On Thursday, Oil Prices gained around $1.50 a barrel, extending gains from the previous three sessions, on prospects of tighter supplies through 2021 as economies recover from the coronavirus outbreak. Brent crude closed at $73.79 per barrel, up to $1.56 or 2.2 percent, while WTI crude in the United States settled at $71.91 per barrel, up $1.61 or 2.3 percent.
Phil Flynn, the senior analyst at Price Futures Group in Chicago, said, “The death of Demand was greatly exaggerated. Demand is not going away, so we’re back looking at a very tight market.” The Organization of Petroleum Exporting Countries (OPEC) and other producers, including Russia, agreed this week to increase the Oil supply by 400,000 barrels per day from August to December to keep prices low and satisfy rising Demand.
However, Morgan Stanley predicted that global benchmark Brent would trade in the mid-to high-$70s per barrel for the rest of 2021, as Demand continues to surpass supply in the second half of the year. In the end, we expect the global GDP (gross domestic product) recovery to stay on track, inventory data to remain positive, our balances to tighten in H2, and OPEC to remain united. Furthermore, suppose domestic fuel prices maintain at present levels. In that case, Russia may begin the process of prohibiting gasoline exports next week, according to Energy Minister Nikolai Shulginov, implying tighter Oil supplies ahead.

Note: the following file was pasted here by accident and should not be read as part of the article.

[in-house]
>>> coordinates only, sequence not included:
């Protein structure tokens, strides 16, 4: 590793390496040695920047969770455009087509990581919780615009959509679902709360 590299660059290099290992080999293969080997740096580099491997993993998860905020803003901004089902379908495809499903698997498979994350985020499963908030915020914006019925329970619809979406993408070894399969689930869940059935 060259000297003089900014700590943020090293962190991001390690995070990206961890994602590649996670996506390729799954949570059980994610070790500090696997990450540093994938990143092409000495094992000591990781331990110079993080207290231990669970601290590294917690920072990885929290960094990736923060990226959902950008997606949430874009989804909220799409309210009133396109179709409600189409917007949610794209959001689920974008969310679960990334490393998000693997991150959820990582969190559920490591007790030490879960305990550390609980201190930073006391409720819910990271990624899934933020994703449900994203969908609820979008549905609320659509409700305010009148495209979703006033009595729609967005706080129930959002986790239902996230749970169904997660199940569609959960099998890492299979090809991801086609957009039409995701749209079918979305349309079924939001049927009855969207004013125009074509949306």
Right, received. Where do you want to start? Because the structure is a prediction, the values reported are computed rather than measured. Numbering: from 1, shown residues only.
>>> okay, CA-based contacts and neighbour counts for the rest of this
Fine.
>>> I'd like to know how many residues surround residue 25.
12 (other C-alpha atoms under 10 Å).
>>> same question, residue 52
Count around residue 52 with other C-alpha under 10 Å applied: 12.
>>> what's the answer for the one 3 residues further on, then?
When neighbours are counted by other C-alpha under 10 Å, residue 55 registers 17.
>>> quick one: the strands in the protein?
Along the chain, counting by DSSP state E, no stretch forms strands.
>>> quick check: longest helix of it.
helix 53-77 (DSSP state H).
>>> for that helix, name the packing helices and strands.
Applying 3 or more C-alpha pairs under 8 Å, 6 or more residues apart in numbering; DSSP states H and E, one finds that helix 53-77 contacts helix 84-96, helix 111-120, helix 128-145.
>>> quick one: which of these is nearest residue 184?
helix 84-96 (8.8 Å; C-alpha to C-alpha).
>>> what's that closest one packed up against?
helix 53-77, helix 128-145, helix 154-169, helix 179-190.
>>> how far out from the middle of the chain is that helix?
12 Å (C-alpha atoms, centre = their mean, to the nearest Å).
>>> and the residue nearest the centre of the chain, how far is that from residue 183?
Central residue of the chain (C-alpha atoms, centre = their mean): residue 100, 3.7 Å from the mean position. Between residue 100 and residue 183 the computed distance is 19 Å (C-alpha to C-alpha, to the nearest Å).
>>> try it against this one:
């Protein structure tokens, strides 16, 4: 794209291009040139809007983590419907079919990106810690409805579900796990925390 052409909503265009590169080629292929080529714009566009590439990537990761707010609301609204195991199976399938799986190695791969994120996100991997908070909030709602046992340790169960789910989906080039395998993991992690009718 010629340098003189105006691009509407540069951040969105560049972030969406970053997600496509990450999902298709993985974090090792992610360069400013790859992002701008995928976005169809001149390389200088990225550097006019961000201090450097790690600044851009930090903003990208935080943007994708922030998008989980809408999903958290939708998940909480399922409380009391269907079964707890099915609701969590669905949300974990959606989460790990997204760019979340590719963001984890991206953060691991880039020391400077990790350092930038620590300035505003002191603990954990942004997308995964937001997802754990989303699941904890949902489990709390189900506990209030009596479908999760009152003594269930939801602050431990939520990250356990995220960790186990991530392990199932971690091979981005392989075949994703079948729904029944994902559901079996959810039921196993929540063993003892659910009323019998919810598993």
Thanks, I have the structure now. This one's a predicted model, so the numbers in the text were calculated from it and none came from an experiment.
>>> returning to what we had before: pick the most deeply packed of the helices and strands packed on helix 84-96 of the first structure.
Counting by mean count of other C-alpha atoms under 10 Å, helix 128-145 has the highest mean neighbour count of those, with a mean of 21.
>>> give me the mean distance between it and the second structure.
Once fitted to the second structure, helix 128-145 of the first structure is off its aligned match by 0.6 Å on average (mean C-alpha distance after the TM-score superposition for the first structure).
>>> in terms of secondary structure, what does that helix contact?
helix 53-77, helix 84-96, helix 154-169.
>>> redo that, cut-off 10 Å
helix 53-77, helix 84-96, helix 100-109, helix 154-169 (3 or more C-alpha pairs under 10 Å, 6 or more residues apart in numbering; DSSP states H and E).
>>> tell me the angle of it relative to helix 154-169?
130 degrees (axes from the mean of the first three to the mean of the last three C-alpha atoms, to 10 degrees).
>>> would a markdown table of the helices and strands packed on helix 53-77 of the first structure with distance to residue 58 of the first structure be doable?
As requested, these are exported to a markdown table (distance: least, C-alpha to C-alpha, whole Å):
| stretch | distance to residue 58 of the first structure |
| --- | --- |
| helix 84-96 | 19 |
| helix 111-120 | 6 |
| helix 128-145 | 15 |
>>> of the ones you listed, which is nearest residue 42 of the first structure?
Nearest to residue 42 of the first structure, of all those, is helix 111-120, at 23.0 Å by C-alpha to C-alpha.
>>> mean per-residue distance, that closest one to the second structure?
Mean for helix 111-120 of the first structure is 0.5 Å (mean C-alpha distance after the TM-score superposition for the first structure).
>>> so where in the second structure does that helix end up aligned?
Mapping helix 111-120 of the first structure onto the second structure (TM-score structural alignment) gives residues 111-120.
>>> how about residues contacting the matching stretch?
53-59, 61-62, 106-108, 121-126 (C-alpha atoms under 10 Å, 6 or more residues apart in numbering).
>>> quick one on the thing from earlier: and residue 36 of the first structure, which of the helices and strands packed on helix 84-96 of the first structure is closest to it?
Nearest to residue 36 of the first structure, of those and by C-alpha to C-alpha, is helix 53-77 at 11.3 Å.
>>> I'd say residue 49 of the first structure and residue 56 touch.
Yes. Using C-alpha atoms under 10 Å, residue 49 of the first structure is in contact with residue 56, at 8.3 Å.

Crude stocks in the United States, the world’s largest Oil consumer, unexpectedly increased by 2.1 million barrels last week to 439.7 million barrels, the highest level since May, according to statistics from the US Energy Information Administration. Inventories at the Cushing, Oklahoma crude storage hub and delivery point for WTI, on the other hand, have been falling for six weeks straight, and last week recorded their lowest level since January 2020. According to EIA data, Demand for gasoline and diesel also increased last week.